The Netflix ’90s Sci-Fi Action Thriller That Unleashes True Insanity

By Chris Snellgrove | Published

What if the best anime series of all time got a second chance to deliver the ending that fans were demanding? That’s exactly what happened in the ‘90s when Neon Genesis Evangelion ended with more fizzle than sizzle and way more inner monologue than anyone expected.

End of Evangelion delivers a kickass ending that adds even more depth to this legendarily lore-rich anime, and you can experience the true depths of its insanity by streaming it on Netflix today.

End of Evangelion Origin

In order to fully appreciate End of Evangelion, you need to better understand why it was created in the first place.

The short answer is that Neon Genesis Evangelion ended with two episodes that mostly disappointed fans due to how little they did to definitively wrap up the plot. They instead end with long scenes of series protagonist Shinji Ikari getting intensely introspective about his life.

The animation was also extremely limited in those last two episodes, leading to a misconception that the series had run out of money and this was all that could be completed in time.

End of Evangelion Starting Place

While it was more a combination of production delays and alleged indecisiveness on the part of series director Hideaki Anno than budgetary issues, the problem remained the same: fans were completely disappointed by how Neon Genesis Evangelion wrapped up.

Fortunately for those fans, End of Evangelion ended up being a more ambitious do-over of the series’ last two episodes.

That means it’s not necessarily a great place for new fans to start, but for fans who blurted out “That’s it?!?” when the series ended, this film provides a more definitive ending for our favorite characters.

Fans Initially Disappointed

End of Evangelion

Interestingly, End of Evangelion went into production before the series aired its final episode, and it seems that Hideaki Anno was in a hurry to complete it after the negative fan reaction to the original ending.

The reception was so negative that Anno originally wanted to get out of the animation business altogether and even went so far as to attempt suicide. 

Symbolic Funeral For The Series

End of Evangelion

He eventually took the advice of his friend and legendary anime auteur Hayao Miyazaki and took a break for a few months after the series ended.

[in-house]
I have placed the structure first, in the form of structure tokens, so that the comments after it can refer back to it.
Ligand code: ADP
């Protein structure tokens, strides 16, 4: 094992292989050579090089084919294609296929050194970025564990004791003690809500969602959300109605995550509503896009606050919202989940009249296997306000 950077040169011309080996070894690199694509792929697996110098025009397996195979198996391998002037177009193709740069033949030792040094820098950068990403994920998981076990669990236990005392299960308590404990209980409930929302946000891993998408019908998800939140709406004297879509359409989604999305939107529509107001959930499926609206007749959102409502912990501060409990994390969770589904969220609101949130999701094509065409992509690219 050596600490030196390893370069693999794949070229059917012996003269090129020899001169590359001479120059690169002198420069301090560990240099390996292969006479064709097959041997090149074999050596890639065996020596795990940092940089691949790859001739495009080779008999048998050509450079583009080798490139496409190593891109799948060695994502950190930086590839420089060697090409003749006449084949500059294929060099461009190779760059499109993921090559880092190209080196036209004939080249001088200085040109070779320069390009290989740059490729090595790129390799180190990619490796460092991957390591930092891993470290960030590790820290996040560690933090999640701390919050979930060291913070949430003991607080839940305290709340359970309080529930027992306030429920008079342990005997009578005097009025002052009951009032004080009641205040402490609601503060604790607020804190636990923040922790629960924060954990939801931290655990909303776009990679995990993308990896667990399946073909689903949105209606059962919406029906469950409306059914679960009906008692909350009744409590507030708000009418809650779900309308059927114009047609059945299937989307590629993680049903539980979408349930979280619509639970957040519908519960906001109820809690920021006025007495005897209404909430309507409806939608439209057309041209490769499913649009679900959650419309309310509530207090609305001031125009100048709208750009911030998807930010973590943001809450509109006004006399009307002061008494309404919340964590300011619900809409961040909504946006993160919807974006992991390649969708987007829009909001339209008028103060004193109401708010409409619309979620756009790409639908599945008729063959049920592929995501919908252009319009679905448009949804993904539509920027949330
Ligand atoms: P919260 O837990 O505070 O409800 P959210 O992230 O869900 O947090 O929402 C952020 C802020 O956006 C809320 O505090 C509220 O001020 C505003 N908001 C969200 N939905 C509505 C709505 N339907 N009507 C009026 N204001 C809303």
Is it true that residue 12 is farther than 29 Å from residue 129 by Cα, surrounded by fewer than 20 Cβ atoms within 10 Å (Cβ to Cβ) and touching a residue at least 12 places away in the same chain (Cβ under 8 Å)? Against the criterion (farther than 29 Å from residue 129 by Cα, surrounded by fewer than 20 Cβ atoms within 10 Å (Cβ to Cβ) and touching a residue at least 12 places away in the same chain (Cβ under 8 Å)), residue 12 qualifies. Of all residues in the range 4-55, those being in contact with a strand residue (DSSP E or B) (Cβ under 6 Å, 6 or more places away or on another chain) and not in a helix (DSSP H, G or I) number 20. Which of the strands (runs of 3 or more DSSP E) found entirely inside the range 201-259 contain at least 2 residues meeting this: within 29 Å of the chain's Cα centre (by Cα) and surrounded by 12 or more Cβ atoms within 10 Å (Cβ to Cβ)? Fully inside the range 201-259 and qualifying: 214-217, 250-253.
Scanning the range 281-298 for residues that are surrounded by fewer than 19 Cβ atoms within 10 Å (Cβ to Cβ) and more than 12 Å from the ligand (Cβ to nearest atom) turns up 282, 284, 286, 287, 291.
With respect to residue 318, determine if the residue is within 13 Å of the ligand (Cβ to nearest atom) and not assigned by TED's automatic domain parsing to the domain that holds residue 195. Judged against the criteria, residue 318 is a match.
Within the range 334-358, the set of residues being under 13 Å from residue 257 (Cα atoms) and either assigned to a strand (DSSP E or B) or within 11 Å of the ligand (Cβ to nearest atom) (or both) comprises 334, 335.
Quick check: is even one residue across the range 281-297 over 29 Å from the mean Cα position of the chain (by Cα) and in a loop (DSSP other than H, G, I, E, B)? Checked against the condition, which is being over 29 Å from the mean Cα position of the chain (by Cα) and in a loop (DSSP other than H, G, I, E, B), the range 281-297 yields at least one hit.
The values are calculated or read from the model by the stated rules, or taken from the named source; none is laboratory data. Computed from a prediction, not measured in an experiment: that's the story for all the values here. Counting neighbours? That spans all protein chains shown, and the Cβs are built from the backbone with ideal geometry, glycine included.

But after that, he threw himself into End of Evangelion for a specific reason: it was going to serve as a symbolic funeral for the series, allowing both creator and fans to say goodbye to the world of Neon Genesis Evangelion.

And End of Evangelion served this purpose well, with Anno and the rest of the team utilizing an unused script from the penultimate episode of the series as the basis for a much more crowd-pleasing ending.

Box Office And Critical Reception

End of Evangelion

For all of the fan backlash Hideaki Anno had received for the end of Neon Genesis Evangelion, audiences mostly seemed to agree that End of Evangelion delivered the ending they were hoping for.

At the box office, the film made $19 million dollars, and it later became a breakout smash hit on DVD. The movie was also a critical hit: on Rotten Tomatoes, it has a 90 percent critical rating and an 85 percent audience score, both of which illustrate how well this anime classic was firing on all cylinders.

End of Evangelion Streaming On Netflix

End of Evangelion

We obviously recommend watching the series first, but for those who already finished the adventures of Shinji, Asuka, Rey, and Misato, End of Evangelion serves as the perfect ending.

Of course, calling this film an “ending” is something of a misnomer: starting in 2007, we would get even more films that reimagined the beautiful dystopia of Neon Genesis Evangelion.

Those films are like a glimpse into a bonkers alternate universe, but before you watch them, you need to stream End of Evangelion on Netflix so you, like Shinji, can finally experience a sense of closure.